“The job of Nakamoto, myself and the new guys when we arrived, including of course first Casey and then Marc, was to get good results, and the bike was doing really well, not only with Casey and Marc. Dani [Pedrosa] was really fast, Cal [Crutchlow] won several races, and I think the goal was achieved. HRC came back to be what it was before Valentino [Rossi] left – the reference of the class.”
Since then, though, Suppo says he’s seen nothing but mistake after mistake from the team’s new management – and he’s disappointed but not surprised that it’s led the team to the dark place it’s currently stuck in.
He highlights Marquez’s controversial and damaging attempted immediate return to racing after his initial arm injury last July as a critical error.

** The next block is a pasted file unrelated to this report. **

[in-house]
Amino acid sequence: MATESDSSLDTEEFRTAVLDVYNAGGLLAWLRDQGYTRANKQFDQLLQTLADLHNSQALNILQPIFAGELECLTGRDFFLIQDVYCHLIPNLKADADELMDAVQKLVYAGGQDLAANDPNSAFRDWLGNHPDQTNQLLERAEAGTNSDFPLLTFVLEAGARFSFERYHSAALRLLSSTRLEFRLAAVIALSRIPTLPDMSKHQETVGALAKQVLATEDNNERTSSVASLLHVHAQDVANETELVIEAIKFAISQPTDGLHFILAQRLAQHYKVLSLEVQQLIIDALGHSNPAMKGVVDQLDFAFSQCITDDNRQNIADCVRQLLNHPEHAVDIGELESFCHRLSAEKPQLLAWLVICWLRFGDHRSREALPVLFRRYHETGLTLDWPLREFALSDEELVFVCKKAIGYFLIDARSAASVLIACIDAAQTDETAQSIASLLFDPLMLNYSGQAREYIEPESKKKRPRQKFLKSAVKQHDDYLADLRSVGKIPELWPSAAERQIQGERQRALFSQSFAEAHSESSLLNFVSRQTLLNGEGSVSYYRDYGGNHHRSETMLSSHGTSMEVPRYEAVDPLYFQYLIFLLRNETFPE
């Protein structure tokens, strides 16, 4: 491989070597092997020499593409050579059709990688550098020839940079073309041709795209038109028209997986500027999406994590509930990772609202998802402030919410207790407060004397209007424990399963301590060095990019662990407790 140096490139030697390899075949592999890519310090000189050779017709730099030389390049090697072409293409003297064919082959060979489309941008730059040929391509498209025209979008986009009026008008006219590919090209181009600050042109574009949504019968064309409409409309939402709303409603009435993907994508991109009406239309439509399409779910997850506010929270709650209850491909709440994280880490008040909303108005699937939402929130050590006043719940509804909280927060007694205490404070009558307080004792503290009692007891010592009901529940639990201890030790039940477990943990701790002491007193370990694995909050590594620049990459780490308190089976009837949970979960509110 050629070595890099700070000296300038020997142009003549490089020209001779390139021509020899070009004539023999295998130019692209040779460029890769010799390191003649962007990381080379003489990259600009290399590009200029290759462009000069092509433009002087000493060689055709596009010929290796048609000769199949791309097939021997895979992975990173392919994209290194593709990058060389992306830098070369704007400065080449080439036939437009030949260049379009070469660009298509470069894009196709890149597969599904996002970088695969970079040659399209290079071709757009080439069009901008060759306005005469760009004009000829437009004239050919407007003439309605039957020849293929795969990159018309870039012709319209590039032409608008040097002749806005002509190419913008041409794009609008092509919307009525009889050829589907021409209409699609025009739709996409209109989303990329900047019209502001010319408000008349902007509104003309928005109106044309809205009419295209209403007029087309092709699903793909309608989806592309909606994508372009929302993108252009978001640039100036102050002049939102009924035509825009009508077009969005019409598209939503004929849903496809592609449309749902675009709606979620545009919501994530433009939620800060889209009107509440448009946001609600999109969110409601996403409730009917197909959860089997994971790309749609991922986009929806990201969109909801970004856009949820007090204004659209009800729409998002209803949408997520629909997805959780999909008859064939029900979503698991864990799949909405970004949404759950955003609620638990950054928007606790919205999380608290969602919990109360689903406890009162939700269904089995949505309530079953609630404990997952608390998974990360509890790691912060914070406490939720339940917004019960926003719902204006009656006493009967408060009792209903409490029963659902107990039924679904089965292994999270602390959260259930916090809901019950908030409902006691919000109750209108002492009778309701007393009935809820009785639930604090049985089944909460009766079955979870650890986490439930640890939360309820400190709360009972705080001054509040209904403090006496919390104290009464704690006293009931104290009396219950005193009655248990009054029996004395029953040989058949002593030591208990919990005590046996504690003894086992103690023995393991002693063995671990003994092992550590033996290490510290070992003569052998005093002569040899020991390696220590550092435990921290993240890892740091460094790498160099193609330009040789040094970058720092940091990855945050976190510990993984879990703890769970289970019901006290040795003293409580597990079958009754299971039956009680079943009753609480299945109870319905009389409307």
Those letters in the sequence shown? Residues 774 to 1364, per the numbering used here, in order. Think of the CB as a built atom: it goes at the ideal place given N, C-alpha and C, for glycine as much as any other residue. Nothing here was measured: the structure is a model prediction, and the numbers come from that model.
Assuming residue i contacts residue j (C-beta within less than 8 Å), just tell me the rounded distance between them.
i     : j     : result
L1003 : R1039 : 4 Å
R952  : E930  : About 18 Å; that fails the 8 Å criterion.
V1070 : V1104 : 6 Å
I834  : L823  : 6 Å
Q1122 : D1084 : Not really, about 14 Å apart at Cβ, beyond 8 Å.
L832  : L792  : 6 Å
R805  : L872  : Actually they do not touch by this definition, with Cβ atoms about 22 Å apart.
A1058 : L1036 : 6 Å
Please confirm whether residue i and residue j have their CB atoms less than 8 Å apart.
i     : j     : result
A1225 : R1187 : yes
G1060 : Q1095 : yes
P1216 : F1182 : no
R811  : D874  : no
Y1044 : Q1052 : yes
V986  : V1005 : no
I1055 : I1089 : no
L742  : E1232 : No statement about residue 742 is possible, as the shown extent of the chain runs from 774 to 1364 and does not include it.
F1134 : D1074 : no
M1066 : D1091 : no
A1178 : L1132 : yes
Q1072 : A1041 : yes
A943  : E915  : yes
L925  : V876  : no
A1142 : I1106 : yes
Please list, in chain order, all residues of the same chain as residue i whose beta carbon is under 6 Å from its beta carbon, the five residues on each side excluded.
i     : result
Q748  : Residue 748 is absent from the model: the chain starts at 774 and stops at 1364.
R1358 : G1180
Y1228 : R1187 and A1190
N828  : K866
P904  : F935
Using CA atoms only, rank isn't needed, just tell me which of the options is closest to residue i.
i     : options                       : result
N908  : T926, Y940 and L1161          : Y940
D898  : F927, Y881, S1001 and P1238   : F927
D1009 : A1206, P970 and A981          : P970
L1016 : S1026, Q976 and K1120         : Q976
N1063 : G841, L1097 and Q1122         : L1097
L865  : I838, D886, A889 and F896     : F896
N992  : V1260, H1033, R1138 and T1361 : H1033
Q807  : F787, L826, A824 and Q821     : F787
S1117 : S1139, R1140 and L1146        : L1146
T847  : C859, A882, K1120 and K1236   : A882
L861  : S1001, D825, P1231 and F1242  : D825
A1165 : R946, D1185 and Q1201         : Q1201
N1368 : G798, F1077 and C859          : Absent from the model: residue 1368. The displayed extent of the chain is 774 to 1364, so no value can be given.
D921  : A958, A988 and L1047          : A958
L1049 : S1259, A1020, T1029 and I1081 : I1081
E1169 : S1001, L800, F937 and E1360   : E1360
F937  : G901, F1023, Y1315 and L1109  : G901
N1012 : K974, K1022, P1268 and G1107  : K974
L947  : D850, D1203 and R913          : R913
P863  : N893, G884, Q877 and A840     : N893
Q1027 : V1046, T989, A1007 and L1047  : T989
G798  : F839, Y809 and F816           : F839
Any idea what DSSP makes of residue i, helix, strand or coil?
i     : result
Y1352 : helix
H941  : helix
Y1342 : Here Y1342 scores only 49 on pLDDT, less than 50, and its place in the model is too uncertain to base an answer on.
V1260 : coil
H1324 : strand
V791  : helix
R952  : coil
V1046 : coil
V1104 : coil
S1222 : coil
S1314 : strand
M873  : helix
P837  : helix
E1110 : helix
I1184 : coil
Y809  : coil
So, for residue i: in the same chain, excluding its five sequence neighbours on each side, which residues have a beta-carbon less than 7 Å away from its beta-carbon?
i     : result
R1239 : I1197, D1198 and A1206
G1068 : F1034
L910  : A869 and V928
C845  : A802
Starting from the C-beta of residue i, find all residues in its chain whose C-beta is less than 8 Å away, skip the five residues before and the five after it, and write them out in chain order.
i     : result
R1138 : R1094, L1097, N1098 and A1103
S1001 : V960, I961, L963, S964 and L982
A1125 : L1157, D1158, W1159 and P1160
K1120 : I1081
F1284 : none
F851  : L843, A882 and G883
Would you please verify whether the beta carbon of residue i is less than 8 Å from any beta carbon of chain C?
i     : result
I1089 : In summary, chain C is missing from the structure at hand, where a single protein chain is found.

“Honestly, I think they have made a lot of mistakes,” Suppo told The Race.
“First of all was to trust the doctors and let Marc race immediately after the first surgery. Now it’s easy to say it, but I always believed that it was crazy. I can believe that he wanted to do it.
“Of course the doctor has a lot of responsibility because they’re the one who says that they are good. But it has happened to me several times where a doctor has said something that I didn’t believe too much and I prefer to check with other doctors.
“It happened to me for example with Jack Miller when he was riding for Marc VDS. He crashed in Austria and he had a broken vertebra, and the doctor said at the race after that he would be able to race.
“I was super worried, and started checking all the information we had with other doctors – and everyone else said that it was much better to not let him race, because if he had another crash it would be much more easy for him to get serious damage.